From Monday’s P-I “Getting There” column. If either the PI reporter or the traffic engineer had gone out to look at the intersection (or used Google maps), they’d have seen that the desired/proposed No Left Turn sign is already there: it’s on the overhead traffic light gantry on the south side of 23rd, between the sets of lights. What part of “no left turn” don’t they understand?
Question: Erin Weible sees a “serious issue” on 23rd Avenue East in Seattle — southbound drivers crossing over Madison and then quickly trying to make an immediate left turn across traffic onto East Denny Way, “about 5 yards” past the intersection. “Since there is no left turn allowed on Madison, drivers will not turn on the indicator until they are through the intersection and then immediately stop. Traffic is heavy along 23rd at all hours, so it can take several minutes for an opportunity to turn. Other southbound drivers following the left-turning vehicle are left hanging out to dry on Madison. It seems another ‘No Left Turn’ sign could be posted, or perhaps (the city could) forbid left turns along the entire block?”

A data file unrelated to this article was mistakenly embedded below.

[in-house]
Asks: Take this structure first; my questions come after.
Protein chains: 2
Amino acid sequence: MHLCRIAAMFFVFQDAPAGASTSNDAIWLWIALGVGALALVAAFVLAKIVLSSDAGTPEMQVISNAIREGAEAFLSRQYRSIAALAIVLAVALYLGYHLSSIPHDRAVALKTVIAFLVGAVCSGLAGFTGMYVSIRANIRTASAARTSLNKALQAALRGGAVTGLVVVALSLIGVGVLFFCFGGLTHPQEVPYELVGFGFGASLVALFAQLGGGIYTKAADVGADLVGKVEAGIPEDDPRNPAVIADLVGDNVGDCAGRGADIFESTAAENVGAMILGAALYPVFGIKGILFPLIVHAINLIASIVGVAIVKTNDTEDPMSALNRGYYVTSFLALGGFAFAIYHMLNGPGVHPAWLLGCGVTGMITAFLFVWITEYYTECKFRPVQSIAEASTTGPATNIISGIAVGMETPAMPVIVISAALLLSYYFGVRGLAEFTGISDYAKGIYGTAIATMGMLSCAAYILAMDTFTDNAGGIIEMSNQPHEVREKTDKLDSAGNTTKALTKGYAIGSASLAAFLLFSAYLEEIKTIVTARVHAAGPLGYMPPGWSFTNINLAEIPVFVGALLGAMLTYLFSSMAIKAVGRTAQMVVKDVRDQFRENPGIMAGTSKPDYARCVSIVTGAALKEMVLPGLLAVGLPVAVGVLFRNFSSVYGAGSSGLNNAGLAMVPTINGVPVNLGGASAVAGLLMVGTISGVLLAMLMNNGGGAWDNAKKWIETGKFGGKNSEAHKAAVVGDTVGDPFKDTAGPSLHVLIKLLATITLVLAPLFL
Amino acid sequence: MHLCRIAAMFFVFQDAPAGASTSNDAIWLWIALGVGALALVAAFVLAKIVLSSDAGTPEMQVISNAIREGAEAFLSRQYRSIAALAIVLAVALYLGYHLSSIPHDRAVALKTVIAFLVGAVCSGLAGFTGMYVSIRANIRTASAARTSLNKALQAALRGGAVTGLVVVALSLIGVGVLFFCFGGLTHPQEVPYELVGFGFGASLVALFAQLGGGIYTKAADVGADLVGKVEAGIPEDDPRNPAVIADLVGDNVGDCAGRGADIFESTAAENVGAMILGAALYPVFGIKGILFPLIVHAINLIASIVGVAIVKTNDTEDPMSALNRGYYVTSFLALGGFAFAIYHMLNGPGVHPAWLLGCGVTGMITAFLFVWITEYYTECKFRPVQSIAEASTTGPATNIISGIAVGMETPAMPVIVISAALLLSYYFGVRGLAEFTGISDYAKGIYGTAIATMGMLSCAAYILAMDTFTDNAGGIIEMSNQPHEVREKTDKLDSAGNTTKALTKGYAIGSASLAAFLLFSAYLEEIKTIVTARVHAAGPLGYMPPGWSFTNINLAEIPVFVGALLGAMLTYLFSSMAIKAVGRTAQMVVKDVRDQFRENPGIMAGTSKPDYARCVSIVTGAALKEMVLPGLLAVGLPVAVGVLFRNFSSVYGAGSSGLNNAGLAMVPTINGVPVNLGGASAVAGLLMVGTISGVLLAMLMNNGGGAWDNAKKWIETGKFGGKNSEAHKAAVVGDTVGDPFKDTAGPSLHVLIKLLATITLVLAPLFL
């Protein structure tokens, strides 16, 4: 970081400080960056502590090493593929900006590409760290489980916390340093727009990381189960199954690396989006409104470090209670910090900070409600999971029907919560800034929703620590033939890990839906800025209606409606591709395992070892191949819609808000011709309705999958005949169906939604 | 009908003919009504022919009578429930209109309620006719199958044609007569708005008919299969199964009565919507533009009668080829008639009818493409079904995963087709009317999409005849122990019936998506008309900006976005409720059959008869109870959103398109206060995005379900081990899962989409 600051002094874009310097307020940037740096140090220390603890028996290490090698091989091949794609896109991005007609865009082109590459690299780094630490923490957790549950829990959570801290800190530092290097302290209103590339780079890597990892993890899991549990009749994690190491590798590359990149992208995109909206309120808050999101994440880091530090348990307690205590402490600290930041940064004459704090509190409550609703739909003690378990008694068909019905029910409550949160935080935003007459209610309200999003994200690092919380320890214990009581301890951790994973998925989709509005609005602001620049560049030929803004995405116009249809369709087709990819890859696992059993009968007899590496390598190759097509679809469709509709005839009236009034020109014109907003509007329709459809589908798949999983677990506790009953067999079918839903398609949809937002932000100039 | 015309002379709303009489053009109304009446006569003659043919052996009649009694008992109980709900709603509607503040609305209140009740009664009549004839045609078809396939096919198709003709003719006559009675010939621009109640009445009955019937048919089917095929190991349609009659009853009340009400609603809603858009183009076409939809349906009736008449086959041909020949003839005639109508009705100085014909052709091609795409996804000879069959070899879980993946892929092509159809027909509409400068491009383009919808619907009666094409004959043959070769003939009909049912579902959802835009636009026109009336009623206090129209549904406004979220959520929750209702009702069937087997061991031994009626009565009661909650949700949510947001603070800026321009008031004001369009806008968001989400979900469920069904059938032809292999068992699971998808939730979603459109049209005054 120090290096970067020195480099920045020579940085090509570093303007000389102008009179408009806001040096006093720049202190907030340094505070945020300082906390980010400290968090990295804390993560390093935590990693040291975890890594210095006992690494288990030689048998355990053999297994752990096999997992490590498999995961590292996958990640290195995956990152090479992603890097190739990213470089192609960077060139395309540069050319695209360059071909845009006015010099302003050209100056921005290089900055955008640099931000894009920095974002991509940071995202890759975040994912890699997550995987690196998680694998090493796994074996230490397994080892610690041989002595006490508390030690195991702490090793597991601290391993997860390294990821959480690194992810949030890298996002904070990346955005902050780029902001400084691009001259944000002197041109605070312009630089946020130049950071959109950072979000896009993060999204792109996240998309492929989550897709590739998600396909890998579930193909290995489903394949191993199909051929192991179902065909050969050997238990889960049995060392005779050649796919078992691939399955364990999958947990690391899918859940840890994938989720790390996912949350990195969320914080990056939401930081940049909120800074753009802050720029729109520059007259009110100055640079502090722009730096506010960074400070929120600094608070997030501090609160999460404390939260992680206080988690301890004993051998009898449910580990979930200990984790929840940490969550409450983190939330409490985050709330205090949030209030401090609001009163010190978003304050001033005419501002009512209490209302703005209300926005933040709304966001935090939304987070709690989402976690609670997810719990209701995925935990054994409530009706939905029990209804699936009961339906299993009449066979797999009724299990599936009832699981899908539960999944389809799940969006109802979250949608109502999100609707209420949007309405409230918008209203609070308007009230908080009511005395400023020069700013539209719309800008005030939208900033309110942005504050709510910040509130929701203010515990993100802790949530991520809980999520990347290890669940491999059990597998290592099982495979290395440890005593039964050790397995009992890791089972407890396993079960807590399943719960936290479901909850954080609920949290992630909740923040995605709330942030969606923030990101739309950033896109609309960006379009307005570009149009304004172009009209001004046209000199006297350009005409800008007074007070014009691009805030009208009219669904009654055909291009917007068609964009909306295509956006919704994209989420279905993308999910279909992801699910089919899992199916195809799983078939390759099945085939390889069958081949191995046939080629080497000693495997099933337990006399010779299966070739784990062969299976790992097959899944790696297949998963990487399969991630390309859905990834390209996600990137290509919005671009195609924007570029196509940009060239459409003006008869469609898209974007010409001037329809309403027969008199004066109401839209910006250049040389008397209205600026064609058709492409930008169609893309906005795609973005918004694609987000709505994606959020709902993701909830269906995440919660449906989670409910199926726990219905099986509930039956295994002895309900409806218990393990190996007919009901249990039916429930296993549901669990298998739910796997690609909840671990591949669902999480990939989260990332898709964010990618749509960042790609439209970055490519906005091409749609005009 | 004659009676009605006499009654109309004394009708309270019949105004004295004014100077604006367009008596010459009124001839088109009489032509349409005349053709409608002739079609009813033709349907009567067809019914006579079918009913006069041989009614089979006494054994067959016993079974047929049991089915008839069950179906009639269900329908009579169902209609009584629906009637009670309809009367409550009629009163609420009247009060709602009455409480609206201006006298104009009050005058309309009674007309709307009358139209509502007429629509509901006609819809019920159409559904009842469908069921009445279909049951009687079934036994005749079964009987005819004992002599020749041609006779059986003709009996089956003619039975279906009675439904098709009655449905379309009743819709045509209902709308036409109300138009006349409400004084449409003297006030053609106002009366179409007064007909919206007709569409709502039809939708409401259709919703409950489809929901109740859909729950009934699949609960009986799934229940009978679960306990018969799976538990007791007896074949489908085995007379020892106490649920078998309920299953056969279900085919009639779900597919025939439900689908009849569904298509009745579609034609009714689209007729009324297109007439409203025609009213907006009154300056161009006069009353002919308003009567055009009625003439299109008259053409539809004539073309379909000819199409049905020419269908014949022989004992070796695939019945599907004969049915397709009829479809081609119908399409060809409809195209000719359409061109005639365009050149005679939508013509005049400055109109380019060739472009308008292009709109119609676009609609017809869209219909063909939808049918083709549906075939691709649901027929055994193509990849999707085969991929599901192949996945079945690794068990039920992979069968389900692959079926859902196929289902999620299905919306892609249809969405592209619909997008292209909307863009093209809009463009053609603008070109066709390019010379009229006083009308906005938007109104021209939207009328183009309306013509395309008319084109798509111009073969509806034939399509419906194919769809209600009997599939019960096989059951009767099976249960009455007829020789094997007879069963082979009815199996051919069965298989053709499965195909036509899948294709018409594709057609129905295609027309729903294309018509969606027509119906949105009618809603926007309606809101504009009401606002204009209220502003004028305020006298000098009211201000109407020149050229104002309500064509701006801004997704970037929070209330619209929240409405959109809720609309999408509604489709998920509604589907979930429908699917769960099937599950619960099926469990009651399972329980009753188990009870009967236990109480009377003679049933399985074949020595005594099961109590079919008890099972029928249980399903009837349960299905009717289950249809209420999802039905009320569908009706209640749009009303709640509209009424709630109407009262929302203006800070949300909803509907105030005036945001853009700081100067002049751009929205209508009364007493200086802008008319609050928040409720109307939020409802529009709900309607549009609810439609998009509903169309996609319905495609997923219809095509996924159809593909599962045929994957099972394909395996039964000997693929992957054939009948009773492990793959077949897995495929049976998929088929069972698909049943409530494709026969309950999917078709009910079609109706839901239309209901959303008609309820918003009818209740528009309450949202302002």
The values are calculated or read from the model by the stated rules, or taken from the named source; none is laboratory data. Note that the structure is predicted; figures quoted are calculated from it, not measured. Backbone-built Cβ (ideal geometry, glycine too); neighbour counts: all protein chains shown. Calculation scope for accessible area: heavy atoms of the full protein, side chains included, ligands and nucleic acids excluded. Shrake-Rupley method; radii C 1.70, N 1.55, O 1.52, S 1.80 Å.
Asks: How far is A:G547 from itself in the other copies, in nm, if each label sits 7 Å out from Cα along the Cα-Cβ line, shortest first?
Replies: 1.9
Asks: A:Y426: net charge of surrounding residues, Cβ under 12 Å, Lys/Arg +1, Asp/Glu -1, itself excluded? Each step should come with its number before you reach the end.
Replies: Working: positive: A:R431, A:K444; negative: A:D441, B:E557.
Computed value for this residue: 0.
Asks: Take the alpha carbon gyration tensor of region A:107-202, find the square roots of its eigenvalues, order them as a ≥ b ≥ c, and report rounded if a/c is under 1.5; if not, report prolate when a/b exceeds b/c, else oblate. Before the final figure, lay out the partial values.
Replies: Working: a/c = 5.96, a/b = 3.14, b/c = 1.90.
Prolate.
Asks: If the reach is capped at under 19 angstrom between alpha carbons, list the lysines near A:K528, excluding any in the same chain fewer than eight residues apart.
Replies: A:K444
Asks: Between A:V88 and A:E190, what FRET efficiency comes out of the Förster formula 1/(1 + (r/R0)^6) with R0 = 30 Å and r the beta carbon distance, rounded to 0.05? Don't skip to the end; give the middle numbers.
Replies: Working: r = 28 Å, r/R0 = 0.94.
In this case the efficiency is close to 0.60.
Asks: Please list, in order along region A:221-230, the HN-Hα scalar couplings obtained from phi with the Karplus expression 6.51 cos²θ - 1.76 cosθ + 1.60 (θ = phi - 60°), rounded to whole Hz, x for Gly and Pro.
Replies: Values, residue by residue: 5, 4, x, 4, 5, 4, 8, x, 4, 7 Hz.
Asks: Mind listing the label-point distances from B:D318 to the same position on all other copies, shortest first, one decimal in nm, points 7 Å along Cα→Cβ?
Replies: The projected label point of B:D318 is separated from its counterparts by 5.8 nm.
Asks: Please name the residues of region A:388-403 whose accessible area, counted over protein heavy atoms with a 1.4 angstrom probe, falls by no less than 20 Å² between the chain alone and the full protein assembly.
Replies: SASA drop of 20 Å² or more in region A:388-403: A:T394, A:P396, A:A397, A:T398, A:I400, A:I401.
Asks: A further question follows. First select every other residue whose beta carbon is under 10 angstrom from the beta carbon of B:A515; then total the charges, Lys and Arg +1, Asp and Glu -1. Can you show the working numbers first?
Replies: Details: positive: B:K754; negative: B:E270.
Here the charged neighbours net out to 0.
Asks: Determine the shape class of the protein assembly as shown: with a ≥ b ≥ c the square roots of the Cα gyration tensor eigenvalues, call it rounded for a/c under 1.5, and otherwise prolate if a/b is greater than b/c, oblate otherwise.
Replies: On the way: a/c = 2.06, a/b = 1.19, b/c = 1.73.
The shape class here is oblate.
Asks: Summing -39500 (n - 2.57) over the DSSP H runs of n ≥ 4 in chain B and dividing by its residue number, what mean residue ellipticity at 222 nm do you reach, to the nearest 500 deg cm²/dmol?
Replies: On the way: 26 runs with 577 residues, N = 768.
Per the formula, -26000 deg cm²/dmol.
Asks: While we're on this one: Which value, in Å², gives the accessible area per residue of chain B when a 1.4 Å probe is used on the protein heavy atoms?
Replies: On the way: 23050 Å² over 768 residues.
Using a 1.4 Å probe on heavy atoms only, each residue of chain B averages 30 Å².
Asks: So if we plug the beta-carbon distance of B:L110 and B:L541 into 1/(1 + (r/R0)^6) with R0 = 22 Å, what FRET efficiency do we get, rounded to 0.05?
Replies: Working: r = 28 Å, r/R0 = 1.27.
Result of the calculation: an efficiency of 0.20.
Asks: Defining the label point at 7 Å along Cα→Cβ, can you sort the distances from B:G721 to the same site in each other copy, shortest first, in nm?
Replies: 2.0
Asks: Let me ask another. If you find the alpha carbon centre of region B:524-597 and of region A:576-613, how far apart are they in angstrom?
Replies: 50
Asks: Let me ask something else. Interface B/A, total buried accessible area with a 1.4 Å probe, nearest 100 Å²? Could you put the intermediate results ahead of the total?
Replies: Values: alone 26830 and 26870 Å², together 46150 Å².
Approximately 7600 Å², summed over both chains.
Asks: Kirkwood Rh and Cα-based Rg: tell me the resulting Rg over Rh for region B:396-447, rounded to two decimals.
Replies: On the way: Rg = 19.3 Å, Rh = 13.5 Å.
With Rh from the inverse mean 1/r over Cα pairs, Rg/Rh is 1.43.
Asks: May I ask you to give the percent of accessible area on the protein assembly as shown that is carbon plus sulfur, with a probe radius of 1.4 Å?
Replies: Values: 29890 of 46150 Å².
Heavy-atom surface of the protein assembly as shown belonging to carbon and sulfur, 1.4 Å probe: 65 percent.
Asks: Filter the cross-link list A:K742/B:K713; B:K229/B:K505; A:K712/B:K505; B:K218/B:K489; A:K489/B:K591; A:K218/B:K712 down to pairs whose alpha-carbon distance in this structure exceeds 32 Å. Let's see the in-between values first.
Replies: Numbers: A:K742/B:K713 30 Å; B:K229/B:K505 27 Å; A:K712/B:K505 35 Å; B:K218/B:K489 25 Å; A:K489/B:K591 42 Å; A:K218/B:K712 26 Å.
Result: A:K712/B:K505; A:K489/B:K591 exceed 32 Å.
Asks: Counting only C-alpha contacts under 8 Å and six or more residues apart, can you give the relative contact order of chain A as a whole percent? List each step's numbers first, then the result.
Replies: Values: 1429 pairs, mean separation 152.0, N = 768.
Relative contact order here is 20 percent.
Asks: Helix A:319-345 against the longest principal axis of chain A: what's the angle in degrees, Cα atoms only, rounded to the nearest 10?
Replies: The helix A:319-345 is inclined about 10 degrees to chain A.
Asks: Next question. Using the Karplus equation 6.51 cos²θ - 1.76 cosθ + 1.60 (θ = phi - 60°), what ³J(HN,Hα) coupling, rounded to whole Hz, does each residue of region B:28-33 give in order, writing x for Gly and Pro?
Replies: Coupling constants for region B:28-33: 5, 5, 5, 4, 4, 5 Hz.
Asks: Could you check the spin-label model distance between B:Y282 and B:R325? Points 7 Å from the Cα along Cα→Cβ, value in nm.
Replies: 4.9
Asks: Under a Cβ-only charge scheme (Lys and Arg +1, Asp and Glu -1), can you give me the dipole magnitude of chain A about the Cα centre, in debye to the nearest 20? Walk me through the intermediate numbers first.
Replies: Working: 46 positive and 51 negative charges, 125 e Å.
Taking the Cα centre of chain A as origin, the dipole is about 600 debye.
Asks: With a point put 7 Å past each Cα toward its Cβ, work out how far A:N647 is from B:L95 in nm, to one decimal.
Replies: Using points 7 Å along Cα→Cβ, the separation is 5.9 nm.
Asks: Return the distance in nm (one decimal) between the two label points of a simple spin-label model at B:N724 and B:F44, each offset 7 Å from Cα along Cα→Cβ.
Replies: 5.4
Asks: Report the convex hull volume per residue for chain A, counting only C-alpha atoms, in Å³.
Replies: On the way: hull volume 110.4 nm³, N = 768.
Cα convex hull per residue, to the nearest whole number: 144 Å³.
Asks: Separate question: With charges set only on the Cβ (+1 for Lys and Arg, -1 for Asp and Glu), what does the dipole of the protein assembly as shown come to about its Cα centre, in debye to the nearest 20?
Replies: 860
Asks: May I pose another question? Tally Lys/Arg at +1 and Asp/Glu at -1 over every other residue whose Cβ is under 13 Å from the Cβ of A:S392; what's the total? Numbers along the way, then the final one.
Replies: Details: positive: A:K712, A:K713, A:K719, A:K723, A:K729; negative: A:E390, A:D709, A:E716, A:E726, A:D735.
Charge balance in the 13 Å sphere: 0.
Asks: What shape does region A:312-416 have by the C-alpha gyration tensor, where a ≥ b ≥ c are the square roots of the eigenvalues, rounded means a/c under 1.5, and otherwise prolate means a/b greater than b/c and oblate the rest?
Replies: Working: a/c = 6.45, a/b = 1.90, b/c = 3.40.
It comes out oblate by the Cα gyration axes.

Answer: The city says neither of those things is needed and that adding a signal might have other, undesirable results. Eric Widstrand, Seattle’s traffic engineer, said he understands the difficulty of making that turn, “however, there have been no reported collisions related to left-turning vehicles. Based upon this information, the section of 23rd Avenue East at East Madison Street (and) East Denny Way seems to be operating safely and efficiently.” Asked about congestion at the intersection because of the turns, Widstrand said there’s “none perceived.”
“A signal at the 23 Avenue East and East Denny Way intersection is not warranted and installing an unwarranted signal can, in fact, be a detriment to efficient movement in an intersection, causing congestion and unnecessary delays as well as the potential for an increase in rear-end collisions,” Widstrand said. “An unwarranted signal can also have the adverse effect of increasing cut-through traffic into a local neighborhood. Also, signs restricting left-hand turns could increase cut-through traffic as drivers seek another location to make the turn.”